We rely on advertising to keep the lights on.

Please consider adding us to your whitelist.

loader

Talk

Advanced search

Children travelling by train without an adult

(18 Posts)
northender Fri 05-Aug-16 07:36:45

Ds is 14 (15 in 4 weeks), dd is 11 (12 in Nov). They are both used to rail travel and are very sensible. We feel happy for them to travel together without us on a direct journey. We would see them off at this end and relatives would meet them at the other end. Are there any rules or laws around this? The train company is First Great Western if that makes any difference.

Meggymoodle Fri 05-Aug-16 07:40:12

Not sure if there are rules as such bit having seen a brother and sister have the most awful argument which nearly turned into a physical fight on a train (I was really not sure at what point it would have been appropriate to intervene) I would be worried about my two doing it. Sorry, I realise that's not helpful. Perhaps just ask at a ticket office.

DameDiazepamTheDramaQueen Fri 05-Aug-16 07:41:16

Check with the company,iirc it's over 12 travelling alone but I'd do what your suggesting as they're together.

tribpot Fri 05-Aug-16 07:42:15

Info from the British Transport Police. My concern would be whether they could handle any problems arising from the journey being disrupted, i.e. if they were decanted on to a replacement bus part way through.

Savagebeauty Fri 05-Aug-16 07:43:25

Sounds fine to me. Ds was travelling all over the country alone from 14.

lovelyupnorth Fri 05-Aug-16 07:45:04

Would also be fine our DD registry does longish journeys on her own or with a friend. Shouldn't be a problem

suit2845321oie Fri 05-Aug-16 07:46:37

It will be fine, children travel on the tube and on the trains into school in central London on their own from 11 or even 10 in some cases

sashh Fri 05-Aug-16 07:47:12

How long is the journey?

Children take the train to school so there are no problems with their age - it's not like a flight. I would book them seats though.

northender Fri 05-Aug-16 07:47:45

Thanks for the replies. Having just looked in more detail it seems there aren't any direct trains on the days we are looking at. I'd be happy with ds doing that on his own but not with dd.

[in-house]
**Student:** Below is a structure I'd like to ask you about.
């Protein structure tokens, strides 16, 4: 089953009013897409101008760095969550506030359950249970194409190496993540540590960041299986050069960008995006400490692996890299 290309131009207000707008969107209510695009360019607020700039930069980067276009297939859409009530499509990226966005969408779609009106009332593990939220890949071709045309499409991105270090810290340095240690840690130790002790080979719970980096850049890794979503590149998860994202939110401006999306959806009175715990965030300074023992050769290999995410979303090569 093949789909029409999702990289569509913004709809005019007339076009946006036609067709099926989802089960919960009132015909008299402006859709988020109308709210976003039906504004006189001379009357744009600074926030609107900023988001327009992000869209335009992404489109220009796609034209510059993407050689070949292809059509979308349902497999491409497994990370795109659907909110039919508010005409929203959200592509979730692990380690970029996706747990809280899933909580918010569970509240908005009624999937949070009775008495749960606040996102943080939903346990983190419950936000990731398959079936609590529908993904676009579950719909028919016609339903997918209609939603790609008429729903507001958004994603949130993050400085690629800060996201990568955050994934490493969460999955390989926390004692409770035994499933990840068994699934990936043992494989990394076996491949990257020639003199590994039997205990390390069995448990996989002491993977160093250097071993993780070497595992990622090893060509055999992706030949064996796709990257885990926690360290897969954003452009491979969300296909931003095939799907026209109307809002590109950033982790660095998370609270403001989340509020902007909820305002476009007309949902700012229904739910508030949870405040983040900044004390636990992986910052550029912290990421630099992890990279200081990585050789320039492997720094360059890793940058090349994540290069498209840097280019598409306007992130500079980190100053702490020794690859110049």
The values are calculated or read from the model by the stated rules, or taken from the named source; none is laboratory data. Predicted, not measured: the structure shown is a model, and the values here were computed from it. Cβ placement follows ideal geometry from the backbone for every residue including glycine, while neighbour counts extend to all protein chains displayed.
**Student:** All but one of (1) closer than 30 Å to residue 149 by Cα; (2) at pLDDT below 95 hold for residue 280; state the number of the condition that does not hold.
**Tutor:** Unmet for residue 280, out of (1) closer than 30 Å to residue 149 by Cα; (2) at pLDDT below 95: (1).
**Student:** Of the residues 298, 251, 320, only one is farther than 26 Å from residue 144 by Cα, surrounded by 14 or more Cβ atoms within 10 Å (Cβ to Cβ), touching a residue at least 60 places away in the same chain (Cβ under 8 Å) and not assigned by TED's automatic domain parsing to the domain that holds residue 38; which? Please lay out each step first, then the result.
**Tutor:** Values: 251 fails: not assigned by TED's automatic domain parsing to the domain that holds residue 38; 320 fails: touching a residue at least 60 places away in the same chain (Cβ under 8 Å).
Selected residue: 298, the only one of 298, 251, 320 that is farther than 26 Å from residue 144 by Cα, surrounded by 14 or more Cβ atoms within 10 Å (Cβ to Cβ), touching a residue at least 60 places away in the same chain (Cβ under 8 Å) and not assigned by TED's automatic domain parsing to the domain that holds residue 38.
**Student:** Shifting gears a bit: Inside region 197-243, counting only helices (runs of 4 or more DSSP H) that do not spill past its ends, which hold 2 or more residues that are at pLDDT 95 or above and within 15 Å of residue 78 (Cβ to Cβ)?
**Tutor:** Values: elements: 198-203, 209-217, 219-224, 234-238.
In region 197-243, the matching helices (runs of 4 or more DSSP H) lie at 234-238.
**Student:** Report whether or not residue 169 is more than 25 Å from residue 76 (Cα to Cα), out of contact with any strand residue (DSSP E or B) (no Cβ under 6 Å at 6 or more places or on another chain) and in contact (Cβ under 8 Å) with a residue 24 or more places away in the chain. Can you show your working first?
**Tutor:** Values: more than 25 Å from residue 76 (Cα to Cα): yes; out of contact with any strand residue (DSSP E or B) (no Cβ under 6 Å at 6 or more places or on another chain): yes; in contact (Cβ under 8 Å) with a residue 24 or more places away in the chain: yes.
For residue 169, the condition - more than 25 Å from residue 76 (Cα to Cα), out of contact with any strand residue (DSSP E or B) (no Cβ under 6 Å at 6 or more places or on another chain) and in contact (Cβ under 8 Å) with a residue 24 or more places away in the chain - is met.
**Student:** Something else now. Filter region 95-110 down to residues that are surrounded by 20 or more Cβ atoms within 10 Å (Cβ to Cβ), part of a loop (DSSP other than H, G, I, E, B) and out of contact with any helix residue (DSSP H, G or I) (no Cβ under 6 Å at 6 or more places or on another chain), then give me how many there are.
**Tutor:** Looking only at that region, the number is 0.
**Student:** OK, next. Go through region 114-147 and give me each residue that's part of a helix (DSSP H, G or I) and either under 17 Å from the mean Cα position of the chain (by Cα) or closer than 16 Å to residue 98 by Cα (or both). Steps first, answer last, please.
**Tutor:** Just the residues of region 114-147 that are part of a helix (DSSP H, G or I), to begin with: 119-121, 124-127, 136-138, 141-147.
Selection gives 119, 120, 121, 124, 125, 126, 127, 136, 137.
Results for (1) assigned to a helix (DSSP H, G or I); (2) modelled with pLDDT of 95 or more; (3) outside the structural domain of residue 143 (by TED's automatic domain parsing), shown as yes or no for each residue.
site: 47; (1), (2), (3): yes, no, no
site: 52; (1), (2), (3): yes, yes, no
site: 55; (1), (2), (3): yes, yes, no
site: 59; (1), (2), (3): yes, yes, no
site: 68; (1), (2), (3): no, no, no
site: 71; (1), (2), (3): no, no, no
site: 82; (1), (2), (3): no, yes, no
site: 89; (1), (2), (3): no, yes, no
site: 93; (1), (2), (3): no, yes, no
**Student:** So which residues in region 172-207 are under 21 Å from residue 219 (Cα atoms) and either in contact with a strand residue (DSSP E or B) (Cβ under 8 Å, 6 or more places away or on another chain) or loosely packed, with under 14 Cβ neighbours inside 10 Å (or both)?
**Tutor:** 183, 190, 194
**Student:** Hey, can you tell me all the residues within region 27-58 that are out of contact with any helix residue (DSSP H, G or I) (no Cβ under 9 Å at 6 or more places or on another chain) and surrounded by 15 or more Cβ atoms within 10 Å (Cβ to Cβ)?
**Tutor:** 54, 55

Wellywife Fri 05-Aug-16 07:52:14

DS went to his GPs alone a bit younger than your youngest (10). No rules but I let the train manager (guard!) know, so he kept an eye on him. And this was when his mobile was a godsend as we texted back and forth.

I think the rules are for flying.

WhereDidTheYearsGo Fri 05-Aug-16 07:54:20

My children each travelled to school by train every day from age 11 and so did a lot of their friends.

cmsconfused Fri 05-Aug-16 08:17:10

My 12 year old DS recently travelled for an hour alone on a train to his GP

He's very sensible though which helps!!

RapidlyOscillating Fri 05-Aug-16 08:28:37

Message withdrawn at poster's request.

BadToTheBone Fri 05-Aug-16 08:29:21

I was travelling alone by train at 14 and finding my own way at the other end. I don't see a problem with what you're suggesting.

ChocChocPorridge Fri 05-Aug-16 08:33:21

I think I took my sister to GP at that age (transfer in London) - I was certainly doing it myself at 14 (travelled to school by train from 11).

These days there's mobile phones too, so it's not even like you need ever be out of contact unlike when I was a kid.

You know how responsible they are though, whether you think they'd do well or panic.

sashh Fri 05-Aug-16 10:11:12

Not sure but you could look in to booking assistance. I know it is available for disabled travelers not sure for children but worth a phone call.

If it is available someone will meet them from one train and take them to the other.

DameDiazepamTheDramaQueen Fri 05-Aug-16 11:10:53

No, assistance is not for children .

LyndaNotLinda Fri 05-Aug-16 11:22:36

A nearly 15 year old and a nearly 12 year old? Yes, I would, even with a change.

When I was 15, I was travelling an hour each way - with 3 changes - to a full time holiday job as a chambermaid in my nearest big city.

Join the discussion

Join the discussion

Registering is free, easy, and means you can join in the discussion, get discounts, win prizes and lots more.

Register now